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Parent - Home Connections


What can I do to help my child with homework?  Read the following document to help.

 A Framework for Homework.pdfA Framework for Homework.pdf


Recently held a "Dove Self-Esteem" Workshop for mothers and daughters at BHE:

Developing a healthy sense of self-esteem is important for girls, especially when they reach adolescence. Girls need the freedom to explore all aspects of their abilities and not feel pressured into preconceived notions of what’s feminine. Here are some ways you can help your daughter:

  • Encourage your daughter to think independently and consider her needs as much as others.
  • Give your daughter the freedom to work toward goals she sets for herself.
  • Recognize your daughter’s achievements, especially when she reaches goals.
  • Encourage your daughter to express herself without passing judgment on her opinions.
  • Talk about gender stereotypes in society – on television, in popular music, advertising, magazines – and encourage your daughter to think critically about how girls and women are portrayed.
  • Learn about the contributions women have made to various fields. For example, if your daughter’s interested in science, find out more about the contributions of Canadian women scientists.
  • Use inclusive language—like police officer, not policeman.
  • Talk to your daughter about what she’s thinking and feeling.
  • Make your daughter aware of negative influences such as discrimination, sexual harassment and violence against women.
  • Encourage your daughter to take self-defense classes.
  • Be a positive role model for your daughter.
  • Encourage your daughter to have a diverse group of friends, including boys and girls.
  • Introduce your daughter to books written by women and stories with strong female characters.

Help Your Child Have a Great Summer:

Get organized

  • Have children start a collection - rocks, stamps, baseball cards, bottle caps, marbles. Arrange them in some order - in a box, by categories, by colour, or alphabetically, for example.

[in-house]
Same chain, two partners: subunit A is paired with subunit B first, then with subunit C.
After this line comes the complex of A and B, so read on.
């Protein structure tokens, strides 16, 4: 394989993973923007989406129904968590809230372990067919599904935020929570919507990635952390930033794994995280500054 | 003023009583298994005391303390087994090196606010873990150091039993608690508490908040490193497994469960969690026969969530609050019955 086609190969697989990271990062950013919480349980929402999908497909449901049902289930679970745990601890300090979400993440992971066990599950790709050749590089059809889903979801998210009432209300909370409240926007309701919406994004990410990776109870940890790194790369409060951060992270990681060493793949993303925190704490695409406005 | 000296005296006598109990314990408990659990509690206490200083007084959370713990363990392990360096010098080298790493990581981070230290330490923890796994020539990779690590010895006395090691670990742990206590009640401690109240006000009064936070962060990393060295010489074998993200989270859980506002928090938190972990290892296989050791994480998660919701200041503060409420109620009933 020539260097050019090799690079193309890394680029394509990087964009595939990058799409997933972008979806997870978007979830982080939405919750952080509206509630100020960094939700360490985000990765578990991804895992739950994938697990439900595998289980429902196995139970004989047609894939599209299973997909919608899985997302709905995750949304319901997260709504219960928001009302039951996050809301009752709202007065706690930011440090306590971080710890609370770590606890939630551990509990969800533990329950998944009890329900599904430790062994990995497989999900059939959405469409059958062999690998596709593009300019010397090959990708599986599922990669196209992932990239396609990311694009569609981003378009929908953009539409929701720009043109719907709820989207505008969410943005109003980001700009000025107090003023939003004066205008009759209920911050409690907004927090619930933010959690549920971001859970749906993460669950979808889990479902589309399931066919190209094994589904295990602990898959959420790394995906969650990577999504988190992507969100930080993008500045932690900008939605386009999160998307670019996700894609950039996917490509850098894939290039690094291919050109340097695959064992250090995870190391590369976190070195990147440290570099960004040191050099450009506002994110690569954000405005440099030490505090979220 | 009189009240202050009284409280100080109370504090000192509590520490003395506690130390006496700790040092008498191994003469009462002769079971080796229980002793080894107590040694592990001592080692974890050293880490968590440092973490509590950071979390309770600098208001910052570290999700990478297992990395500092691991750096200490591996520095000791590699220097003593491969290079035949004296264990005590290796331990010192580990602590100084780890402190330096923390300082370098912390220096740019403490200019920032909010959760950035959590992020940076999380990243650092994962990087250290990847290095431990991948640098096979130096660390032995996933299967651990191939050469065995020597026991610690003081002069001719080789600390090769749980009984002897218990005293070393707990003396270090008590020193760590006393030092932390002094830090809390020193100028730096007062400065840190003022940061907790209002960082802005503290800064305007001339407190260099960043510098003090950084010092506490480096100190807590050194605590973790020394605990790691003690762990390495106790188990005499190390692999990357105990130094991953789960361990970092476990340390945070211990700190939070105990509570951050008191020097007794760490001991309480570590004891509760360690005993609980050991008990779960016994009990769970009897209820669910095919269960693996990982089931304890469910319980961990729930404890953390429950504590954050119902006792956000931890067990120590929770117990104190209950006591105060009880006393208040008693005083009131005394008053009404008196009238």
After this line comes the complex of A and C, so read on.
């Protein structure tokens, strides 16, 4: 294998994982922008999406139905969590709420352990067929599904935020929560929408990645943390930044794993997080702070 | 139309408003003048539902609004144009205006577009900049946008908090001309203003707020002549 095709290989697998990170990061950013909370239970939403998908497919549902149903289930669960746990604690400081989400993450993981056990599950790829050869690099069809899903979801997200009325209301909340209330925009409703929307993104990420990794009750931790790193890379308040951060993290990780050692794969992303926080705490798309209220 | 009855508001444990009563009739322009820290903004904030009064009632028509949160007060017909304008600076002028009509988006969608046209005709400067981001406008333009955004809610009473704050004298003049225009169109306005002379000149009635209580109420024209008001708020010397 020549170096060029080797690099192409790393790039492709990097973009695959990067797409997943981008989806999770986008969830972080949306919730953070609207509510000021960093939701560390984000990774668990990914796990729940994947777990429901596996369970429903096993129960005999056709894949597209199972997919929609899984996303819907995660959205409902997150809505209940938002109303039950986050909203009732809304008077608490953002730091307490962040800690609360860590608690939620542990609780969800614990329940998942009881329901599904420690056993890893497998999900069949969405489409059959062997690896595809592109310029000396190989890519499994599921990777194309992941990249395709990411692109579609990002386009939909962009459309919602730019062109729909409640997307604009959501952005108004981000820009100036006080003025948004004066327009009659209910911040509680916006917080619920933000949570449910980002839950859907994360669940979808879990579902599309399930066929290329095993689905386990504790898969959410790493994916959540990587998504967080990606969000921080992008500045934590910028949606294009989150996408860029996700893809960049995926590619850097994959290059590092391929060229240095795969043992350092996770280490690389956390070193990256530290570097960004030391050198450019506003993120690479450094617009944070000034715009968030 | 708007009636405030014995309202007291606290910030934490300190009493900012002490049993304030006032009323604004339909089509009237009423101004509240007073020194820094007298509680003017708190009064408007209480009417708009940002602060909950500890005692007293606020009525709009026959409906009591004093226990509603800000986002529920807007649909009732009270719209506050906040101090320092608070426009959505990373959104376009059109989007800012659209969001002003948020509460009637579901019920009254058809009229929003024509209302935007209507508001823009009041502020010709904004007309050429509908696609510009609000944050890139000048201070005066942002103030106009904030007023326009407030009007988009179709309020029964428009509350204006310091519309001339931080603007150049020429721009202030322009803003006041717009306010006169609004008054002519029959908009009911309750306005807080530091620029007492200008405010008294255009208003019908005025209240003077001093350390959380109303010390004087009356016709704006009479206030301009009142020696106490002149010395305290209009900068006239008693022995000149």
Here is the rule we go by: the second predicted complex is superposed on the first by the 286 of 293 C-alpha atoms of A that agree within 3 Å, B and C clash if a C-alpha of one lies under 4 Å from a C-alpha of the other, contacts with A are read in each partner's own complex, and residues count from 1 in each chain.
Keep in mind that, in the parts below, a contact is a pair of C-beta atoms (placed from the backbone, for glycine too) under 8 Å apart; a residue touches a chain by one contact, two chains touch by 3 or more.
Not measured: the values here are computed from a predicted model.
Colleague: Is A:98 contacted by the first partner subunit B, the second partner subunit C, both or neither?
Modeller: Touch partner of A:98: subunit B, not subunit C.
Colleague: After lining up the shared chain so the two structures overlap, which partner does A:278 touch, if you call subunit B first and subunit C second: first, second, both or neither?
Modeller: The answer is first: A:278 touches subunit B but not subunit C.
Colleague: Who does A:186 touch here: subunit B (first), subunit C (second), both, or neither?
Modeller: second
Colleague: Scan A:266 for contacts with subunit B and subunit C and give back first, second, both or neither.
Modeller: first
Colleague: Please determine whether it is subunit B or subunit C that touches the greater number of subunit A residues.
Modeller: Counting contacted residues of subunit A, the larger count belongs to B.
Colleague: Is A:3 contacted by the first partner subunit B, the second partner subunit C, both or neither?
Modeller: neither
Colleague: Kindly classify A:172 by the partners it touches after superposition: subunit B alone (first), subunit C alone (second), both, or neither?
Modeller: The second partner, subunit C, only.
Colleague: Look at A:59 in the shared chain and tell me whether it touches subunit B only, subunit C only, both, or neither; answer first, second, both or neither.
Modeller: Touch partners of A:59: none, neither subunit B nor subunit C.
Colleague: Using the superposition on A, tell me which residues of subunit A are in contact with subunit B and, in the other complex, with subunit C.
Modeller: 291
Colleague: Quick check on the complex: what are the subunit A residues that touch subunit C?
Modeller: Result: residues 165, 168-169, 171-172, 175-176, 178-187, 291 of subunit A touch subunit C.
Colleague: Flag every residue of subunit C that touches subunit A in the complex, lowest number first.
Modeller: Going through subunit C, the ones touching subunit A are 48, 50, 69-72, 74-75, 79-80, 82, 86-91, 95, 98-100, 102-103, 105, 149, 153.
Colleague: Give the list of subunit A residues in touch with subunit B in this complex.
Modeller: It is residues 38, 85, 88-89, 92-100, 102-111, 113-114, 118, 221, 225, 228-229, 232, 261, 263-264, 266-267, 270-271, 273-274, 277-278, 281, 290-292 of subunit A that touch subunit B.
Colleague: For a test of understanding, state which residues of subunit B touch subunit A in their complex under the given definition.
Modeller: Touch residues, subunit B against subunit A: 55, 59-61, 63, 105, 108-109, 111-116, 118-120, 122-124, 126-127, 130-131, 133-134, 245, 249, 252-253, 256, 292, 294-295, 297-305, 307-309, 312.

• Ask youngsters to organize photographs in an album by date or activity. Save newspaper or magazine photographs of favourite athletes or role models to create a scrapbook.
  • Suggest that children swap paperbacks, comics, or magazines with extended family and friends. The local library might help organize a swap.

Develop a sense of responsibility

  • Ask children to take charge of family recycling (get containers, wash the jars, stack the papers, etc.)
  • Teach boys and girls how to take care of their clothes, sort and fold laundry, use the washer and dryer or help at the laundromat, sew on buttons, iron, polish shoes, etc.
  • Have children plan all aspects of a party. They can help decide on the guests, phone or send invitations, plan the food, get the house ready, greet and introduce the guests, and clean up.

Bolster core learning skills

  • Recommend that children keep a diary - a journal of their activities or the family's.
  • Take time every day for the whole family to read by themselves or together. Even 10 or 15 minutes is fine.
  • Introduce children to the library's summer reading program.
  • Have children follow a favourite newspaper comic strip all summer.
  • Have children write letters or send postcards to cousins, grandparents and friends.
  • Review cash register receipts. Children can check them for accuracy when you're unloading groceries.
  • Teach children to add up gas mileage.
  • Hold a yard or garage sale. Allow children to set prices and make change.

Teach good citizenship

  • Check the newspaper for volunteer activities. For example, you and your child could make a weekly visit to a nursing home.
  • Visit the animal shelter, the fire station or a hospital to show children what happens at these places.

Understand history

  • If possible, collect photographs of grandparents and great-grandparents. Have children write their names and birth dates on the back of the photos. Tell stories about the family.
  • Discuss the meaning of holidays with children and find a special way to celebrate.
  • If you take a trip, visit the historical sites along the way and save the information brochures.
  • Check out library books and videos to reinforce new learning from a trip.
  • Visit a cemetery and find the oldest stone. Read the inscription and talk about the past with your children.

Get close to nature

  • Give children a garden plot in the yard, or a window box or planter on a balcony. Be sure the child has full responsibility for the plants.
  • Read the daily newspaper's weather map. Let children figure out what the weather is where friends and relatives live.
  • Camp out for a night on the balcony, in your yard, or at a provincial campground.

Source: National School Public Relations Association, It Starts on the Frontline/May 1995